To start off the new year, the U.S. Congress and the IRS have been at work on some important employee benefit-related regulations and tax legislation. The first changes come as part of the American Taxpayer Relief Act, which was passed over the New Year holiday with the tax-related elements of the fiscal cliff resolution. These changes include some important items related to employee benefits.
1. Permanent education benefits. There is good news for employers that provide educational assistance to their employees. After expiring and being reinstated multiple times, sometimes retroactively months later, the provision that allows employers to provide up to $5,250 annually in tax-free undergraduate and graduate educational costs to their employees has been renewed once again and is now permanent. This will no doubt be welcome news to employers and employees seeking advanced degrees who have been dealing with an unwelcome level of uncertainty about the tax status of this benefit.
2. Higher mass transit benefits. The new law also increases employees’ maximum pretax contribution to mass transit expenses from $125 per month to $240 per month. This provision will last only until December 31, 2013, unless it is extended again. However, the provision can be implemented retroactively to January 1, 2012, if employers are willing to deal with the administrative issues associated with such a move.
3. Roth 401(k) options. Companies that offer a Roth 401(k) in addition to a traditional 401(k) plan can now allow employees to convert their traditional 401(k) plan balances to a Roth 401(k) at any time. Unlike a traditional 401(k) plan, which allows pre-tax salary deferrals that will be taxed when withdrawn in retirement, a Roth 401(k) requires fully taxed contributions that are withdrawn tax-free in retirement. When an employee converts a traditional 401(k) to a Roth 401(k), that individual must pay applicable income taxes on the amount converted at the time of conversion. This new provision was included in the law as a revenue generator with the expectation that individuals will take advantage of this option. In the past, only employees who left their current company for retirement or a new job or who turned age 59-1/2 were able to undertake a conversion from a traditional to a Roth 401(k).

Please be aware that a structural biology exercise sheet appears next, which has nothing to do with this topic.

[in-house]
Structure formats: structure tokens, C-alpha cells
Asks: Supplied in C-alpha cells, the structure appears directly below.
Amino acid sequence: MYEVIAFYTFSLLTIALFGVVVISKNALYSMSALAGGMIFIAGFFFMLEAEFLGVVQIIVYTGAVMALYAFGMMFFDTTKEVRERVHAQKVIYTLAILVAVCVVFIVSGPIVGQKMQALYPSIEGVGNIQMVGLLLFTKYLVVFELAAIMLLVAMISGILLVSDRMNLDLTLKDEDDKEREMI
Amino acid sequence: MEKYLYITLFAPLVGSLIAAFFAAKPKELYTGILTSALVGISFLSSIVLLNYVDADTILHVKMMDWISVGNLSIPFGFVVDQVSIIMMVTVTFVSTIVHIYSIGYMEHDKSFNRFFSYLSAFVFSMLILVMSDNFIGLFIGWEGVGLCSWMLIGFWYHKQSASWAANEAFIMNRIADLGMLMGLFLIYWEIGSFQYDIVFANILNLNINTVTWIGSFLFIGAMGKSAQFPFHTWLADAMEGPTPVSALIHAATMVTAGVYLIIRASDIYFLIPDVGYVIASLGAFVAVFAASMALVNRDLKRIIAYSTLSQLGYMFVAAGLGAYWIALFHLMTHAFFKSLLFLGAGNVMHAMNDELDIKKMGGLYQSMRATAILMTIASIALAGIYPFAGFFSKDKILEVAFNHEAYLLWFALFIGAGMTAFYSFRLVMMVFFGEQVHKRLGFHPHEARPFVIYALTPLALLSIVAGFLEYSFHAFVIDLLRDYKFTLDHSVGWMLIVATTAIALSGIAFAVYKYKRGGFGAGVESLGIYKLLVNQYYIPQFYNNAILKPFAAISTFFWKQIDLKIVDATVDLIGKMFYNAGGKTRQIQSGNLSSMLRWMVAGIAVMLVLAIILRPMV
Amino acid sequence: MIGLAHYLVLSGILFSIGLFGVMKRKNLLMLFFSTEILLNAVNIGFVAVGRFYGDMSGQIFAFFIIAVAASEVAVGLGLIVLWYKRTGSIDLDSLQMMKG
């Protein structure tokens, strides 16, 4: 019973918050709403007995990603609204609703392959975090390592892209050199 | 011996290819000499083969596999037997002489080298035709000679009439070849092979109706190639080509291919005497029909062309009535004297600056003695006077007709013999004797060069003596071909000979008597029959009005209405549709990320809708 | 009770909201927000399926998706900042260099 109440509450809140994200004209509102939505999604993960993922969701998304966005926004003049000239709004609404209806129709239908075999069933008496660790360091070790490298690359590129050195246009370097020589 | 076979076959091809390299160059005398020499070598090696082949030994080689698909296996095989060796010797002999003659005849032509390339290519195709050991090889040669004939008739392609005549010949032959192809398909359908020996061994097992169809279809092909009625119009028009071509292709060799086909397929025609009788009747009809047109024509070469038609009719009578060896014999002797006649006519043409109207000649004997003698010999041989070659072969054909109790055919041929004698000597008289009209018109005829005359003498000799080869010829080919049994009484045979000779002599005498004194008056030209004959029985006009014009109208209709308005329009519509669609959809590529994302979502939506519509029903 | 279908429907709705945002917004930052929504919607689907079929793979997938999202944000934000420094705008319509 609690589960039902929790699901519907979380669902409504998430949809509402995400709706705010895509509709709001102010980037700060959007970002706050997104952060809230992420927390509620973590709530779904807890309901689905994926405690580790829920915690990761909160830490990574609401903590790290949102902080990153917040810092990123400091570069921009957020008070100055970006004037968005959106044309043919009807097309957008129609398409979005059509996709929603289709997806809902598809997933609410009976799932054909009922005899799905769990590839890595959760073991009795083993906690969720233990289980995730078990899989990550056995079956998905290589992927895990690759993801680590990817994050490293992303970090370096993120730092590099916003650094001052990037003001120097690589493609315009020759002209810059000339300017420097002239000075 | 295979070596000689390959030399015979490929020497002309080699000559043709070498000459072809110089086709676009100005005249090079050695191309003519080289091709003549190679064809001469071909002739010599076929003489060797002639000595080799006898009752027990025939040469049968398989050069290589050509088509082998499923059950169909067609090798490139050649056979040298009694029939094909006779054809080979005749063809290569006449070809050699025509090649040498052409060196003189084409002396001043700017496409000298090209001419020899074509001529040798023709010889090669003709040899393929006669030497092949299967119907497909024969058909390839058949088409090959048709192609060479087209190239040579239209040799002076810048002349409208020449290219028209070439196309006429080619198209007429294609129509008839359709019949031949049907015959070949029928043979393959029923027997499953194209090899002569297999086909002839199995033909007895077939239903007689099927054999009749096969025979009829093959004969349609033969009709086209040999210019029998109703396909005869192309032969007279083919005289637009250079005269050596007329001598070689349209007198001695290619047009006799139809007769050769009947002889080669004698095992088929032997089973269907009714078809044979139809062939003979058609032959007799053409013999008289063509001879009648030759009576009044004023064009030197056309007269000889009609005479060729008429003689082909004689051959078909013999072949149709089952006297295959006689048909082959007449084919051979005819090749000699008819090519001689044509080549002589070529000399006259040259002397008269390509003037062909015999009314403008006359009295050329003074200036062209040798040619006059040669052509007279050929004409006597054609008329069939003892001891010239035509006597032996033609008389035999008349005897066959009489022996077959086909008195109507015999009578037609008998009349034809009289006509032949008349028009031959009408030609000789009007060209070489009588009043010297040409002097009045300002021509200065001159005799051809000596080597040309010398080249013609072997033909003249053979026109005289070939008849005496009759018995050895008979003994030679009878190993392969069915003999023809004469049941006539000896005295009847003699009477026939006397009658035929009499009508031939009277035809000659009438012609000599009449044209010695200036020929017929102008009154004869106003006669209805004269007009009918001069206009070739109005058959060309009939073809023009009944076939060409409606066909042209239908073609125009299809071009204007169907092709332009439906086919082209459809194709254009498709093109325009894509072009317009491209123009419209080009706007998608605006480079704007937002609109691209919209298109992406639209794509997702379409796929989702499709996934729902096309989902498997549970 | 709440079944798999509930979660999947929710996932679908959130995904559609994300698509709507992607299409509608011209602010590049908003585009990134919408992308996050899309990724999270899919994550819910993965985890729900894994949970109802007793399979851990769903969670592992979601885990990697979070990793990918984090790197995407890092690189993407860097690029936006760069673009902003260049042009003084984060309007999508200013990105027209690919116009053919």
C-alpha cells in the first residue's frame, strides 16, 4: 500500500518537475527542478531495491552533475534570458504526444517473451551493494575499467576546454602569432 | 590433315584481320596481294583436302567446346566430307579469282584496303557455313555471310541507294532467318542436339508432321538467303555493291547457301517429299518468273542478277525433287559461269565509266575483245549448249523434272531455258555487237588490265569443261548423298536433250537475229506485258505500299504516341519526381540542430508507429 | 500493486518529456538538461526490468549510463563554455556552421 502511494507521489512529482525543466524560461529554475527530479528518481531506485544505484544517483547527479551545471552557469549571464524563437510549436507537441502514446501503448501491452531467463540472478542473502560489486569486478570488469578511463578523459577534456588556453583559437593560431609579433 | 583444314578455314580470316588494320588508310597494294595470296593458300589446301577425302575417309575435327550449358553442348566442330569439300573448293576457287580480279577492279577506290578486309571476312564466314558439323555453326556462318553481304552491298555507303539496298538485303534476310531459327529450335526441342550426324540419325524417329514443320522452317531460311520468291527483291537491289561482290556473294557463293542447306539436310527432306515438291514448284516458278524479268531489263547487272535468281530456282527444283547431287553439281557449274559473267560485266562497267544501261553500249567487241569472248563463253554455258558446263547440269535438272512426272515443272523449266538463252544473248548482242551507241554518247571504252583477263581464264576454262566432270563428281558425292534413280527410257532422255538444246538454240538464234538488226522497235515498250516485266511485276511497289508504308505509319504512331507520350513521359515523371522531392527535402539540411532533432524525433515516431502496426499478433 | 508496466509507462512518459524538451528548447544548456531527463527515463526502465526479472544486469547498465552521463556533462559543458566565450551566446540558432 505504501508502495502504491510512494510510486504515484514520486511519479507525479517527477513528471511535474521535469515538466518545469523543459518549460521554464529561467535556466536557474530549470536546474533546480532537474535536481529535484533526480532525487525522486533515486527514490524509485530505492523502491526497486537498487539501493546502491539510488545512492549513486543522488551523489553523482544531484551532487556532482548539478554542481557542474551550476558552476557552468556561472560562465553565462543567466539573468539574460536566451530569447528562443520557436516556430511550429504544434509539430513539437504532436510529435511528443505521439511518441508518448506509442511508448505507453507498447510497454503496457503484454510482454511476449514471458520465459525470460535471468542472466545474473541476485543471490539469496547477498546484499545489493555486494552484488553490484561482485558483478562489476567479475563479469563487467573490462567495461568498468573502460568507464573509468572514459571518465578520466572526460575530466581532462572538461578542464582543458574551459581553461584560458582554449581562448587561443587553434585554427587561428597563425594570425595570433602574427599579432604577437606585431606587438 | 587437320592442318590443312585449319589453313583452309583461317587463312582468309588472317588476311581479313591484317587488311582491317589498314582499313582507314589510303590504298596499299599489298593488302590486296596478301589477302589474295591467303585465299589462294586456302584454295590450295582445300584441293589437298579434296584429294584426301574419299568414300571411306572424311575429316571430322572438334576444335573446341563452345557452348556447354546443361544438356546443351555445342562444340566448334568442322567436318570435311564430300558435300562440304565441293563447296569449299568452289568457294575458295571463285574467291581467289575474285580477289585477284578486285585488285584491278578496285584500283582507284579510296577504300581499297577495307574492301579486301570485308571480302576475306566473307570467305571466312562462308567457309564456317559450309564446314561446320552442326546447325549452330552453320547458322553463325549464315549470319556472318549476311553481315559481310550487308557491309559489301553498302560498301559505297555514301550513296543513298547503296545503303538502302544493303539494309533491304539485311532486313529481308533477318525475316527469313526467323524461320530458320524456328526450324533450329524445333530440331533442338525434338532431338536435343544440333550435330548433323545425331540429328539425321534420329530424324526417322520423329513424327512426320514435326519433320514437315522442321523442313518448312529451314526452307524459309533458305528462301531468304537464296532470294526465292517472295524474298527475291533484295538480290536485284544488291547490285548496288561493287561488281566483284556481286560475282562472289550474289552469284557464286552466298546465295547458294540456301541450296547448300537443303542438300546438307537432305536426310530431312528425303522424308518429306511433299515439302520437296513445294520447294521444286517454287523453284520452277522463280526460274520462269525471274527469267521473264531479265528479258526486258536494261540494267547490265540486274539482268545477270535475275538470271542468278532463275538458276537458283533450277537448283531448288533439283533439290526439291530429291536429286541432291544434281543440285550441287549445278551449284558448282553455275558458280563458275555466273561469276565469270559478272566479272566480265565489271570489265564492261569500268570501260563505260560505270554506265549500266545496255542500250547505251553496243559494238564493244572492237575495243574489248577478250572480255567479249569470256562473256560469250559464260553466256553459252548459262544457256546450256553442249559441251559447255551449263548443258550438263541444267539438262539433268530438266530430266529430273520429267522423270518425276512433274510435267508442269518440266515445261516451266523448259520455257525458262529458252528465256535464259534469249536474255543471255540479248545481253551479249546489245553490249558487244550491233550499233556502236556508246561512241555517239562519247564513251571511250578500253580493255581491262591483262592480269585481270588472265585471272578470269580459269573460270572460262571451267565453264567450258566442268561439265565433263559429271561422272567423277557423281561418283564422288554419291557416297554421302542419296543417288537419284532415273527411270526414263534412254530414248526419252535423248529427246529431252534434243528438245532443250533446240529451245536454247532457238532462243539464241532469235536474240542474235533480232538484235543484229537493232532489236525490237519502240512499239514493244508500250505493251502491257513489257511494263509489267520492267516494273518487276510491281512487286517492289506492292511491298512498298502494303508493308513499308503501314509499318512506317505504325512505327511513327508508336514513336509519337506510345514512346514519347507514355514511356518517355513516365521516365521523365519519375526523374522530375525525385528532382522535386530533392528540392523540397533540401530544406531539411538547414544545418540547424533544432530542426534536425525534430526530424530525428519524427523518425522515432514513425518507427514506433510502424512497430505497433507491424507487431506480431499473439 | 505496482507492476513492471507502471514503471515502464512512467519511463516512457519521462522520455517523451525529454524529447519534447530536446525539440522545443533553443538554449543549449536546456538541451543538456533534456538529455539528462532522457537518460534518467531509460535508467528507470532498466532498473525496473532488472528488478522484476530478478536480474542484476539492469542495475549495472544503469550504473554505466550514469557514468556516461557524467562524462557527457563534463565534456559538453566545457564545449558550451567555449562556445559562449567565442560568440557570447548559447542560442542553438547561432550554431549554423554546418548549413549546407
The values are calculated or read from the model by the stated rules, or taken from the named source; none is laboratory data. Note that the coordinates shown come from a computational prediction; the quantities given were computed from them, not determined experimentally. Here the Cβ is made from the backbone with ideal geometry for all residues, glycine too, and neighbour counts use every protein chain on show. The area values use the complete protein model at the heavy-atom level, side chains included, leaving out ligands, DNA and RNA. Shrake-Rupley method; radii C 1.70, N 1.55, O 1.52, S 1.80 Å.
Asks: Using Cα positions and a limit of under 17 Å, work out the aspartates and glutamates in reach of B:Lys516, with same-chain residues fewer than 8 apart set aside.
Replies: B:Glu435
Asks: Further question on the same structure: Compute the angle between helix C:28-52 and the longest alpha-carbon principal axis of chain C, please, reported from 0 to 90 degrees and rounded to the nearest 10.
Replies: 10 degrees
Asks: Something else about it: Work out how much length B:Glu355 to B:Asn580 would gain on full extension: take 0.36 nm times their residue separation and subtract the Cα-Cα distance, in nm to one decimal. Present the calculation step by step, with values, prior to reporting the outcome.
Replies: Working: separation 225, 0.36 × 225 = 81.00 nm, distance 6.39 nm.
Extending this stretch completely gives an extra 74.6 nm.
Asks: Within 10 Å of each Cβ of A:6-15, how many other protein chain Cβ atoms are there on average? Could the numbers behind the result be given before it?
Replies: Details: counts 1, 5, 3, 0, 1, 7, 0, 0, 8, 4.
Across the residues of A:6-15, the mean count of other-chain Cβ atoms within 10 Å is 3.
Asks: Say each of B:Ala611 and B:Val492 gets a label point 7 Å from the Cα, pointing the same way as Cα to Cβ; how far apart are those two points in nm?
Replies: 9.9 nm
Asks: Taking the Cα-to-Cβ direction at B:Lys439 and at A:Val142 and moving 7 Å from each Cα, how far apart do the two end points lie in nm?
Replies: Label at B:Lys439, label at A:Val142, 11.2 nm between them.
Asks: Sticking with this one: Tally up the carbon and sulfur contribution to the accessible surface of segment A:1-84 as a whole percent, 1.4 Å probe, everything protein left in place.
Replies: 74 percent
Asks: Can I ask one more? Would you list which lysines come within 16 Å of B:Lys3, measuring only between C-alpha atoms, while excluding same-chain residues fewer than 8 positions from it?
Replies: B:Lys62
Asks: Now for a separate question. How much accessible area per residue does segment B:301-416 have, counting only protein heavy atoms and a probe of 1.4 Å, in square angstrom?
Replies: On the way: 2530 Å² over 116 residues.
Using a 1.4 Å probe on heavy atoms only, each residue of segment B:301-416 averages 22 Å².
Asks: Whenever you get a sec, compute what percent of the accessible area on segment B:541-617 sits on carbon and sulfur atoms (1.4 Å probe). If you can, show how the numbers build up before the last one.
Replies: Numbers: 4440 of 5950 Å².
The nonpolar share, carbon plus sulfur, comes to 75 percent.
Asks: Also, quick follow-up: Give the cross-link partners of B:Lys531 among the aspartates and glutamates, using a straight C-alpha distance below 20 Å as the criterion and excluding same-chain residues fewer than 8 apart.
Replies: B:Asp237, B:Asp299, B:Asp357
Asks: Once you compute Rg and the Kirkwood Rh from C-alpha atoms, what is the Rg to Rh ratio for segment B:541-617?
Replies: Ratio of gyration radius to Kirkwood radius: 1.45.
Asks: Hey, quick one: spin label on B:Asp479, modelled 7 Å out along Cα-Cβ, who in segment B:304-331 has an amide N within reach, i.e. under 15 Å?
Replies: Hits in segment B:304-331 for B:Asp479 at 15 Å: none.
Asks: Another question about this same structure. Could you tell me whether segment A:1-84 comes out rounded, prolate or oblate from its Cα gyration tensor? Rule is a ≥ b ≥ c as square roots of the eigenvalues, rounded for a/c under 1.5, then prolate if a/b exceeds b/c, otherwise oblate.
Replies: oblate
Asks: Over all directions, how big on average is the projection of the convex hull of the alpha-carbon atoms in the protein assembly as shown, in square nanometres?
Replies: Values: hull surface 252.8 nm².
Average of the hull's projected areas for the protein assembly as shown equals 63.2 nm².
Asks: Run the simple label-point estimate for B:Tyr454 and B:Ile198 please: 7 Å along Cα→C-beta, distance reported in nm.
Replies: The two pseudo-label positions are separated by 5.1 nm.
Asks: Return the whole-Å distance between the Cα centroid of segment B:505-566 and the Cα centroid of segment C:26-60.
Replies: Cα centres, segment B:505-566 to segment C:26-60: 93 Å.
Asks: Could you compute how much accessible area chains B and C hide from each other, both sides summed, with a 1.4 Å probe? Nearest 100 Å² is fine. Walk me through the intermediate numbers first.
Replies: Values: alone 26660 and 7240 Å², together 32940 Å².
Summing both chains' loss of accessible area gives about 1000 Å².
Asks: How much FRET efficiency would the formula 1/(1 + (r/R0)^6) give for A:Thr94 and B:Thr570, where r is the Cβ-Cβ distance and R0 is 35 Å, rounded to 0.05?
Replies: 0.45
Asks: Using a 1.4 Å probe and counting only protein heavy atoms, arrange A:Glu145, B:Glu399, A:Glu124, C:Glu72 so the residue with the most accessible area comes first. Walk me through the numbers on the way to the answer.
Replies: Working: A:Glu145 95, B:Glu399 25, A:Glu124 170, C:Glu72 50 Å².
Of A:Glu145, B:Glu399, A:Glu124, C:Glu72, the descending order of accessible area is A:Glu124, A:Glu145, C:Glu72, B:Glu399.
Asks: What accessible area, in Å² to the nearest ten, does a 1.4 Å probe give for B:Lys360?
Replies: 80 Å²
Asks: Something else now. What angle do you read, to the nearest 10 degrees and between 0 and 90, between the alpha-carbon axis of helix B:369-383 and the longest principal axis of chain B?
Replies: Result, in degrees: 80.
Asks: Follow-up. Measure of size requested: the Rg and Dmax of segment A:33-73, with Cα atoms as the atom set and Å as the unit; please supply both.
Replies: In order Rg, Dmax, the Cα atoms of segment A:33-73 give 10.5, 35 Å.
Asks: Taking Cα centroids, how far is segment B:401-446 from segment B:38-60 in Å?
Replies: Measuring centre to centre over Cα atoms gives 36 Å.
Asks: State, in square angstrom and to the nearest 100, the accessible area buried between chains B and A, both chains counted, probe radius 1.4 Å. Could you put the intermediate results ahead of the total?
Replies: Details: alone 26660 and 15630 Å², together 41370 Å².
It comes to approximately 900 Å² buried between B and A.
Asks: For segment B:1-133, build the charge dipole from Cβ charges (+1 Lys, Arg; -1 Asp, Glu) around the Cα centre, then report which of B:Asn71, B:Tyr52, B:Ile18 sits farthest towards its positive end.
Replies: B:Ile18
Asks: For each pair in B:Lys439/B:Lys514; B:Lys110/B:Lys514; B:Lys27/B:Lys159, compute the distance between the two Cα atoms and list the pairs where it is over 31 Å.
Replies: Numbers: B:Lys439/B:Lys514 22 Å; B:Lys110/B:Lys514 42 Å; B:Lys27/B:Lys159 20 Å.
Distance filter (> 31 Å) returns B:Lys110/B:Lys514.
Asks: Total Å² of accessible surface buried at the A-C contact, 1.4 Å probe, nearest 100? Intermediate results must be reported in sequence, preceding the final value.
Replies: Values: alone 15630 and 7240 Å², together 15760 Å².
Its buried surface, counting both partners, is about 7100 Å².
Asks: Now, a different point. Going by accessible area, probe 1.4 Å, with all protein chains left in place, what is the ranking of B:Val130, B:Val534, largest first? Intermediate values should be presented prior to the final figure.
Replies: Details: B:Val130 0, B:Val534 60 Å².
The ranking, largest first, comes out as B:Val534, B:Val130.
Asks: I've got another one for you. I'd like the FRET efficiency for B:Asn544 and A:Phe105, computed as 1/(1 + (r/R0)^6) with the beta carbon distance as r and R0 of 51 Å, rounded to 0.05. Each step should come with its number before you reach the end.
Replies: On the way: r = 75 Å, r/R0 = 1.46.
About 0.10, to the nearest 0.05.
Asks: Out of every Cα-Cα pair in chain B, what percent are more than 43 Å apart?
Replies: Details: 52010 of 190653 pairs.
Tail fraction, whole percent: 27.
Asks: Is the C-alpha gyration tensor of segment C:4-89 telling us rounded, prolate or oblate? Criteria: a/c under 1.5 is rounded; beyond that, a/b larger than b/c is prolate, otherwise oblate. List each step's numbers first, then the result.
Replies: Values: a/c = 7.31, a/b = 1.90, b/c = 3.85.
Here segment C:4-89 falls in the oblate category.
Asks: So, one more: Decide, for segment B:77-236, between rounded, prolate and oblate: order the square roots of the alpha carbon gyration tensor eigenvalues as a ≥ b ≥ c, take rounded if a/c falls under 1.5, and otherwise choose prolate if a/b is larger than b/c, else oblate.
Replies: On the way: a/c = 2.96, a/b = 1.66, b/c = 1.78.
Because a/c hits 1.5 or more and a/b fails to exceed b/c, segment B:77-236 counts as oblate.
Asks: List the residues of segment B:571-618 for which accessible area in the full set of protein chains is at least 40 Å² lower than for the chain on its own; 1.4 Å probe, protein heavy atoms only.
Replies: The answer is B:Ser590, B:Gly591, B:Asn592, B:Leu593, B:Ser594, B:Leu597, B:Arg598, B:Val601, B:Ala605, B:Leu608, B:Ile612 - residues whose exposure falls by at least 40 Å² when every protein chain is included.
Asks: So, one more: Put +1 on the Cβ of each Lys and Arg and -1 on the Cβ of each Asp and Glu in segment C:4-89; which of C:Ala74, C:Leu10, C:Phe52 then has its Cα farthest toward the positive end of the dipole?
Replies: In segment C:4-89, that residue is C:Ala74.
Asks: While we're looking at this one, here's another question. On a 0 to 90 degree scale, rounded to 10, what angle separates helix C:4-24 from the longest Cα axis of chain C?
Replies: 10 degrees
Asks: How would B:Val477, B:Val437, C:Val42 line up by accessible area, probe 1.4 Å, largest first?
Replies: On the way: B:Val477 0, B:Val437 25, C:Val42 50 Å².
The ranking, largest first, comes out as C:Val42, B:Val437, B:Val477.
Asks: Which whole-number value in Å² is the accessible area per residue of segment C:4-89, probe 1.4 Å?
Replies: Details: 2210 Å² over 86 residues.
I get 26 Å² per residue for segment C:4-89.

Separately, there is also some news involving health care reform. The IRS released regulations on the so-called shared responsibility penalties that take hold in 2014 for employers with 50 or more full-time employees that they must pay if they fail to offer health insurance coverage to those employees or if they offer health coverage that is unaffordable. In general, employers that fail to offer health coverage are subject to a $2,000 per-employee penalty and employers that do not provide coverage that is affordable are subject to a $3,000 penalty multiplied by the number of full-time employees who enroll in coverage offered by a public exchange and receive a premium tax credit.
Among other things, the regulations lay out and expand the safe harbors for determining affordability. The IRS has published a Q&A on the key issues covered in the regulations.